Rigid Opposition to the Mainland Will Lead Only to Self-Destruction
United Daily News Editorial (Taipei, Taiwan, ROC)
August 10, 2016
Executive Summary: Five suspects from Taiwan have been acquitted in the Kenyan telecommunications fraud case. Officials abroad labored three days and three nights. They were unable to overcome Beijing's great power diplomacy. They could only watch as the Mainland plane wafted them away. Beijing ignored the court ruling and hustled the suspects away. Its action, though high-handed, revealed one thing. The DPP government's rigid and arrogant cross-Strait posture is out of touch with reality, and will inevitably lead to shattering humiliation.
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Five suspects from Taiwan have been acquitted in the Kenyan telecommunications fraud case. Officials abroad labored three days and three nights. They were unable to overcome Beijing's great power diplomacy. They could only watch as the Mainland plane wafted them away. Beijing ignored the court ruling and hustled the suspects away. Its action, though high-handed, revealed one thing. The DPP government's rigid and arrogant cross-Strait posture is out of touch with reality, and will inevitably lead to shattering humiliation.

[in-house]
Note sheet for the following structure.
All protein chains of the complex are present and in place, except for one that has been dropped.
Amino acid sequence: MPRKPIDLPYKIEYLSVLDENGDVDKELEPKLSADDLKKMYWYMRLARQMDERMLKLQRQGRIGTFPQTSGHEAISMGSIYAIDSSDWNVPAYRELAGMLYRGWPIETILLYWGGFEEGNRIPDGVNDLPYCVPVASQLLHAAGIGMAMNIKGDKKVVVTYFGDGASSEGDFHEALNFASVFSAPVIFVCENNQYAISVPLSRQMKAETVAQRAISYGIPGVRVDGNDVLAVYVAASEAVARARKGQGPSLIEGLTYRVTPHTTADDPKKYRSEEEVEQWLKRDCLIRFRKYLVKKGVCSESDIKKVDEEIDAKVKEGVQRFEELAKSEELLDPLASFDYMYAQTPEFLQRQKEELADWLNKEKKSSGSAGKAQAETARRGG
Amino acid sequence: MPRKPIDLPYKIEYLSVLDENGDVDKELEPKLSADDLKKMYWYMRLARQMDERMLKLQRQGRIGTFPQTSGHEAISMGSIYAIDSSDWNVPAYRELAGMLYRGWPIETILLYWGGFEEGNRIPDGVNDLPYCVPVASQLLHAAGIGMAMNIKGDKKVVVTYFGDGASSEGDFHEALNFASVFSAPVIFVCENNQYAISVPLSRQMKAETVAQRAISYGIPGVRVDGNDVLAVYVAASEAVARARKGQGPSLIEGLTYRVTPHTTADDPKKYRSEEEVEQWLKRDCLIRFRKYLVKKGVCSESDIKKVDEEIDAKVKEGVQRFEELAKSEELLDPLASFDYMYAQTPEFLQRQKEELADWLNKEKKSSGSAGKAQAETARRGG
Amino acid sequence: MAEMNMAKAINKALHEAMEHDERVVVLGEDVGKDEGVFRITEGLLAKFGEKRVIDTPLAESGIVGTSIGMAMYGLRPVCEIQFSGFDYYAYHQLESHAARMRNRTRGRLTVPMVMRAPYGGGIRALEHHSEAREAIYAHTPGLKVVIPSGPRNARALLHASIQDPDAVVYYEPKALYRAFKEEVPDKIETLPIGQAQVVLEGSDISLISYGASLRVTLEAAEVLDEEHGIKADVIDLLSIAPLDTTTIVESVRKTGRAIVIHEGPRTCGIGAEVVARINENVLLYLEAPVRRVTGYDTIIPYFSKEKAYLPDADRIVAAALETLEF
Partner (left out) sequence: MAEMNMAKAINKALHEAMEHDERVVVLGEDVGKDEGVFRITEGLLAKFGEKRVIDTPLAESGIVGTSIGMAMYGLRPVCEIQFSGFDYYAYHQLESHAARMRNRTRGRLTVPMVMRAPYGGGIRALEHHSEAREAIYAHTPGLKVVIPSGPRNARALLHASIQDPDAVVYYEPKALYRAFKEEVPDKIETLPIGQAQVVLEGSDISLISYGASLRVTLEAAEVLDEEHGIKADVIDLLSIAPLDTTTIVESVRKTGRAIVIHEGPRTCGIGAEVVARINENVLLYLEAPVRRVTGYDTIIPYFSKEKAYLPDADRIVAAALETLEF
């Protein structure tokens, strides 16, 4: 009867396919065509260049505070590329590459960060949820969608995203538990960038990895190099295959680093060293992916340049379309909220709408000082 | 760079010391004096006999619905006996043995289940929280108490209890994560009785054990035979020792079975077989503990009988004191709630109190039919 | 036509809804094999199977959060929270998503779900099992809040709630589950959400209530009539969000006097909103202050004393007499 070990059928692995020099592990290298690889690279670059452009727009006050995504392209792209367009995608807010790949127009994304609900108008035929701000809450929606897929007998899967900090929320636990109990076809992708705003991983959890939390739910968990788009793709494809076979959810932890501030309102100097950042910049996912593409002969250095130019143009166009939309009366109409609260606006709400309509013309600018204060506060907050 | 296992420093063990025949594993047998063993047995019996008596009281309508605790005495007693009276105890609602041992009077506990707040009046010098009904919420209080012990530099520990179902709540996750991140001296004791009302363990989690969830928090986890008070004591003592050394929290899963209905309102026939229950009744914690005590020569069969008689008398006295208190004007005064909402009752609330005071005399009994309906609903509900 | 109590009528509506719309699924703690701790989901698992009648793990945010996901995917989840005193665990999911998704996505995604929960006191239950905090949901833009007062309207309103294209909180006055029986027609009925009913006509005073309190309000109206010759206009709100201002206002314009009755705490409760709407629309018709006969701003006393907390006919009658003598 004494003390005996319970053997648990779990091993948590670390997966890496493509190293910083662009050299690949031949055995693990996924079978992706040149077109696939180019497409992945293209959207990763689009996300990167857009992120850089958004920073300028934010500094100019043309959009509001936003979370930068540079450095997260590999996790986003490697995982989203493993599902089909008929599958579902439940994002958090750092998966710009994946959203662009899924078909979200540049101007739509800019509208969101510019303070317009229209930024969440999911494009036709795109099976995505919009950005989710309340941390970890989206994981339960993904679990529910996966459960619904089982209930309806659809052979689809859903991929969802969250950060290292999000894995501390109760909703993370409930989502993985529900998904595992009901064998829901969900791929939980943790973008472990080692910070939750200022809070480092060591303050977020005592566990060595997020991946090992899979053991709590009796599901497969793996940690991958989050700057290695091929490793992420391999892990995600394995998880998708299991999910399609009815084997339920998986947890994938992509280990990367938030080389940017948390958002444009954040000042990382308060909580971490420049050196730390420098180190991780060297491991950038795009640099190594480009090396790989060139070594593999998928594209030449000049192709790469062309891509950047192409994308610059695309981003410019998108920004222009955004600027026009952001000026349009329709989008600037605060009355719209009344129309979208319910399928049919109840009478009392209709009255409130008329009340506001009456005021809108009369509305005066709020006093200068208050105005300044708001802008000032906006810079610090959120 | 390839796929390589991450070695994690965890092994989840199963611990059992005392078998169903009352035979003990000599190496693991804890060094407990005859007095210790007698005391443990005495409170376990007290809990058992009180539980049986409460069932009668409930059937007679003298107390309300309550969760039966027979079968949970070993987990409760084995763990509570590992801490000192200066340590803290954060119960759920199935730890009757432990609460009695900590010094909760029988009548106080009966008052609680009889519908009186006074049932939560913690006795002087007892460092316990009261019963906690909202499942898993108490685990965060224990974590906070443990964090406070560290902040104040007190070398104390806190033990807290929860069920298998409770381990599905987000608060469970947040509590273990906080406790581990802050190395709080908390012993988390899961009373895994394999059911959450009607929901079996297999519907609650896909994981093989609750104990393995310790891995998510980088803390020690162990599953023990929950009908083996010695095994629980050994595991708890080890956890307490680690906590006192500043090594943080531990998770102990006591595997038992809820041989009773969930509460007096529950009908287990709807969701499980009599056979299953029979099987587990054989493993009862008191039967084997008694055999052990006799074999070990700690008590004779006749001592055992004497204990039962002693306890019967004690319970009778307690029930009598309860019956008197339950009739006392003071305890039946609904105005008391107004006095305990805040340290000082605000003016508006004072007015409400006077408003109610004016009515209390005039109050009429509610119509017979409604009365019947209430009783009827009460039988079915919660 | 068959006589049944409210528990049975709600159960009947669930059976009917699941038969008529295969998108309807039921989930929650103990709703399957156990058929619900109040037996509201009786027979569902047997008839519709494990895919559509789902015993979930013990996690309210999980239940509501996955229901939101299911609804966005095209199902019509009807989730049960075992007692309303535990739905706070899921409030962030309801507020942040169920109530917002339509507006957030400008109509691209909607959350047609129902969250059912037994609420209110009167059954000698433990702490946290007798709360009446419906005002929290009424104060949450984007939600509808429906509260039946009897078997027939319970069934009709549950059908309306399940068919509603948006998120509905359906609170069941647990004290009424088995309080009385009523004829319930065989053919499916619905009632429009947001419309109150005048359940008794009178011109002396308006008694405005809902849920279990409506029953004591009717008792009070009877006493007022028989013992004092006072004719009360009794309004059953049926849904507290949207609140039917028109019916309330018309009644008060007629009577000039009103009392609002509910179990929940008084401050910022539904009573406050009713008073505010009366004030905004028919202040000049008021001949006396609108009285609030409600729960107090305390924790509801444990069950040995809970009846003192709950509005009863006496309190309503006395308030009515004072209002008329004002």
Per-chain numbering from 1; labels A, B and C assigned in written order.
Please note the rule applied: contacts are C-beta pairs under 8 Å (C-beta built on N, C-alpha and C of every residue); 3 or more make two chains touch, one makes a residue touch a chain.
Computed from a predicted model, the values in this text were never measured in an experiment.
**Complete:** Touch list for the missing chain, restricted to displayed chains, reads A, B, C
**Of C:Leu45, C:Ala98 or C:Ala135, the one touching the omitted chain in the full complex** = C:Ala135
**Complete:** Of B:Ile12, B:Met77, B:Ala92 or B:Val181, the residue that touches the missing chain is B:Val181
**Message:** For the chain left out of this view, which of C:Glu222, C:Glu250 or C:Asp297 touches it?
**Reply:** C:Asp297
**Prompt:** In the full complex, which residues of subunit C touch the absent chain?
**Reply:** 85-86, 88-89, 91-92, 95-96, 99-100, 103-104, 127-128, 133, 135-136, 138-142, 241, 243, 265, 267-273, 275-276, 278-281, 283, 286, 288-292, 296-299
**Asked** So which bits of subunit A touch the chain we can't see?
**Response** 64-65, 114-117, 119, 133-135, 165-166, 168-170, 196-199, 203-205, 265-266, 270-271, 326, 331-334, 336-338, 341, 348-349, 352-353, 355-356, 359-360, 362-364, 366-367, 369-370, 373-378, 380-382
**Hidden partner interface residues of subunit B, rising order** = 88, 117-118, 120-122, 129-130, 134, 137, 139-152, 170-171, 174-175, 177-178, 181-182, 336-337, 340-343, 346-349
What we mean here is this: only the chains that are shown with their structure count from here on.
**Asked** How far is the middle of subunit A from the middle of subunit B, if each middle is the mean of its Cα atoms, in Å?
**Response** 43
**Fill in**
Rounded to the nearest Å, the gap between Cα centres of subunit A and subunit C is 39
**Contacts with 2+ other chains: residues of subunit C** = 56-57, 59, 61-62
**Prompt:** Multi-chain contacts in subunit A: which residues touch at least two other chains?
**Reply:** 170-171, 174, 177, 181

Imagine the DPP's reaction had the Ma administration failed to return the suspects to Taiwan. What would the DPP be saying? Would it be accusing the Ma administration of "diplomatic incompetence", "ignoring human rights," and "forfeiting sovereignty and humiliating the nation"? Would these and other charges be filling the air? In April Kenya extradited several suspects to the Mainland. The Democratic Progressive Party blasted the Ma government just this way. By contrast, when the DPP government is forced to confront its own failures, it utters pro forma expressions such as "deep regret" and "solemn protest". The president calls on government agencies to negotiate in accordance with the "Cross-Strait Crime Fighting and Mutual Assistance Agreement". When President Tsai asks Beijing to repatriate suspects to Taiwan, is she really unaware that the solution to the problem is in her hands?
The "Cross-Strait Crime Fighting and Mutual Assistance Agreement" still exists. But it is no longer honored or enforced. One reason of course, as Tsai Ing-wen knows perfectly well, is that the agreement is predicated upon mutual recognition of the 1992 Consensus. President Tsai refuses to recognize the 1992 Consensus. Therefore any agreements or understandings based on the 1992 Consensus have been shelved. Beijing seized the suspects in Kenya. This shows that it no longer adheres to the crime-fighting agreement. For Taiwan however, it has more dire implications. It shows that we are powerless to confront the Mainland on the diplomatic front. Kenya ignored the court decision and extradited the suspects to the Mainland. They forced them to board the chartered airliner destined for the Mainland. The situation is clear for all to see.